(Judicial Quest News Network)
Dehradun 02 December 2023, Speaking at Justice Keshav Chandra Dhulia Memorial Lecture on the topic of ‘Democracy, Debate and Dissent’. Chief Justice of India DY Chandrachud said.
“Our country has a robust democratic heritage which it has earned over the last seven decades through constant dialogue, experimentation, and participation. But to truly appreciate this heritage, we must explore a primitive question about what purpose does democracy serve in our society”
CJI said that democracy requires constant dialogue between differing opinions and civil society organisations to fulfil the aspirations of the people.
The CJI spoke on how deliberations strengthen democratic foundations and on the vitality of the dissent in a democracy.
CJI also said democracy is contingent on certain minimum guarantees where free citizens can genuinely claim control over the circumstances of our own lives.
First, it must routinely produce consensus decisions without arbitrary or unfair imposition of power.
Second, citizens must participate in civil and political discourse and have an interest in it. This is a social world where their moral status of citizens is acknowledged, a world which is structured to enable their freedom and serve their interests.
He further said that if a democracy cannot safeguard discourse around the needs of all its people, it falls short of its promise. In order to resolve the discontent of its people, a democracy must begin with hearing them.
merely because a body is elected does not ensure that it acts in the best interest of those who it governs. Democracy is messy, and imperfect but inherent in it are the postulates of justice, liberty, equality, and fraternity.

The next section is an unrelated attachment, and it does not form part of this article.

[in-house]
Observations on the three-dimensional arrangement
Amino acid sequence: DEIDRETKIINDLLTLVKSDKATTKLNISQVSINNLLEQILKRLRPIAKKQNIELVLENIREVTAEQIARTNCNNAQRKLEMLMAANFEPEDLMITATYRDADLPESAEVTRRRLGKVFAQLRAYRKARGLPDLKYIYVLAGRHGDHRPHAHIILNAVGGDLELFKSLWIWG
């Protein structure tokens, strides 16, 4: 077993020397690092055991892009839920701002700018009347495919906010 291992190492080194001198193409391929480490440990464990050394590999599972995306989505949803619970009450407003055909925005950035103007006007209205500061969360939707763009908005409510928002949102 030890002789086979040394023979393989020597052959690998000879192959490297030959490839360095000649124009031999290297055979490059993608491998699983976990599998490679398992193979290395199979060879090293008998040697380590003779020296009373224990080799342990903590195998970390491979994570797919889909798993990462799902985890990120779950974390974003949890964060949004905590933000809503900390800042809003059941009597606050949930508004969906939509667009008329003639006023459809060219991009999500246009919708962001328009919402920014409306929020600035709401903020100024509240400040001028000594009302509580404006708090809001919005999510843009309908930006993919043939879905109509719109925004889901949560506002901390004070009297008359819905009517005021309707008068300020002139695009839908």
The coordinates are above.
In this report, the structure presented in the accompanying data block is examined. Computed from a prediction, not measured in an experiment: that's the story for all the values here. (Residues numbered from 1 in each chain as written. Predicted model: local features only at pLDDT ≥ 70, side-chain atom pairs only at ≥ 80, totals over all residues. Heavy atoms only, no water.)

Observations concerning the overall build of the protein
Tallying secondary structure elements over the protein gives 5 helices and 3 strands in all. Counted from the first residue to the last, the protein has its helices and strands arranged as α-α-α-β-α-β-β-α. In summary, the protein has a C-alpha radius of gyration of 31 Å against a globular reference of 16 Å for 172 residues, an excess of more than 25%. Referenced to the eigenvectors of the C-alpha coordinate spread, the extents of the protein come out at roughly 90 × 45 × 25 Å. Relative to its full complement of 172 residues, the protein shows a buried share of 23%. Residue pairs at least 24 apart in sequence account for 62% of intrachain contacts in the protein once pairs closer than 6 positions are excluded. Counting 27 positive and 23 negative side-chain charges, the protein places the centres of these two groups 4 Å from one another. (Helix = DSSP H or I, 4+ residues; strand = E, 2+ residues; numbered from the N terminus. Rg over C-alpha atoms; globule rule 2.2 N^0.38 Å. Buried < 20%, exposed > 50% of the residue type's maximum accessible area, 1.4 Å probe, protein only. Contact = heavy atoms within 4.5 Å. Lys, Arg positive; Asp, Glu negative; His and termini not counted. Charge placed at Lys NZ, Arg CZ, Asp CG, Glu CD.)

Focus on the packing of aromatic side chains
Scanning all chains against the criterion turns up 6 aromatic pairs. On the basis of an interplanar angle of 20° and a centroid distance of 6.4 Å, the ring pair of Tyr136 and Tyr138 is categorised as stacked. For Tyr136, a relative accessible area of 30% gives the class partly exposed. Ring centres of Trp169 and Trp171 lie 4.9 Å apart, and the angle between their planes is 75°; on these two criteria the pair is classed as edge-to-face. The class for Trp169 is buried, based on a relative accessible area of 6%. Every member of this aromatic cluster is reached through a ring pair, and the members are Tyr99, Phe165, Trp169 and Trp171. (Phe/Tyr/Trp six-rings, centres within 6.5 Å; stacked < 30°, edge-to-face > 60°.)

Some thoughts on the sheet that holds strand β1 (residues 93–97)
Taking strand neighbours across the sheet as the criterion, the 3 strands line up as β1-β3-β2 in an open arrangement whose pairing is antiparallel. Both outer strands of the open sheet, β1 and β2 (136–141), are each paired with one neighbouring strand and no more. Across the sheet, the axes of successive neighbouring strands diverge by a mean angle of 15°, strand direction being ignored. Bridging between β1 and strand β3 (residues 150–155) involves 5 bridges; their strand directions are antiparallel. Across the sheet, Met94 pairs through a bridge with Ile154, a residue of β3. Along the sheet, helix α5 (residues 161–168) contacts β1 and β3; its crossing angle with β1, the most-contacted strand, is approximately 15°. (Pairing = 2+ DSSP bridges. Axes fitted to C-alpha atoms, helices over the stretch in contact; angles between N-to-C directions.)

On the subject of equality, the CJI said that to be equal is not only to be equal in the eyes of the law, but also to be treated as equals by our fellow citizens.
indignity of inequality often comes not in the form of a policy or a law but in the form of, say, exclusion from informal workplace gatherings or even social groups in school and university due to religion, caste, gender or sexual orientation.
One of the biggest challenges we collectively, face is how we surmount issues of this nature, where there is no violation of a legally enforceable right in the traditional sense.
He further said that faming all social and political issues as rights and resorting to courts for resolution of the same limits the constitutional space intended for alternative democratic mechanism, CJI Chandrachud remarked.
The Constitution envisions other methods through which abuse of power can be legitimately checked. This includes debates and discussions inside and outside the legislature on crucial issues. The executive can be held accountable for its actions by Parliament inside the house, and outside by citizenry.
The chief Justice underscored that dissent in a democracy emerges from profound questions about the working of the society. Abolition of slavery, annihilation of caste, emancipation of gender minorities, and religious harmony were all once dissenting opinions. However, these dissents hold the power to fundamentally. Restructure our society by sparking an important conversation.
These dissents emerge not from thin air but from a democratic culture of fierce debates. Therefore, a society which does not encourage its citizens to critically think, question the powers that be, and engage in nonconformist democratic discourse will fail to progress because it will fail to create dissenters.
While social harmony among citizens is a pre-requisite to democracy, it cannot be manufactured by removing conditions under which dissent may be freely expressed. A society is often known by its great dissenters because dissenters inform us of the location and direction of a democracy.
I hope that the young minds that participated in this event continue to be committed to the values of the constitution which cultivate a culture of democracy, debate, and dissent. He said while concluding his lecture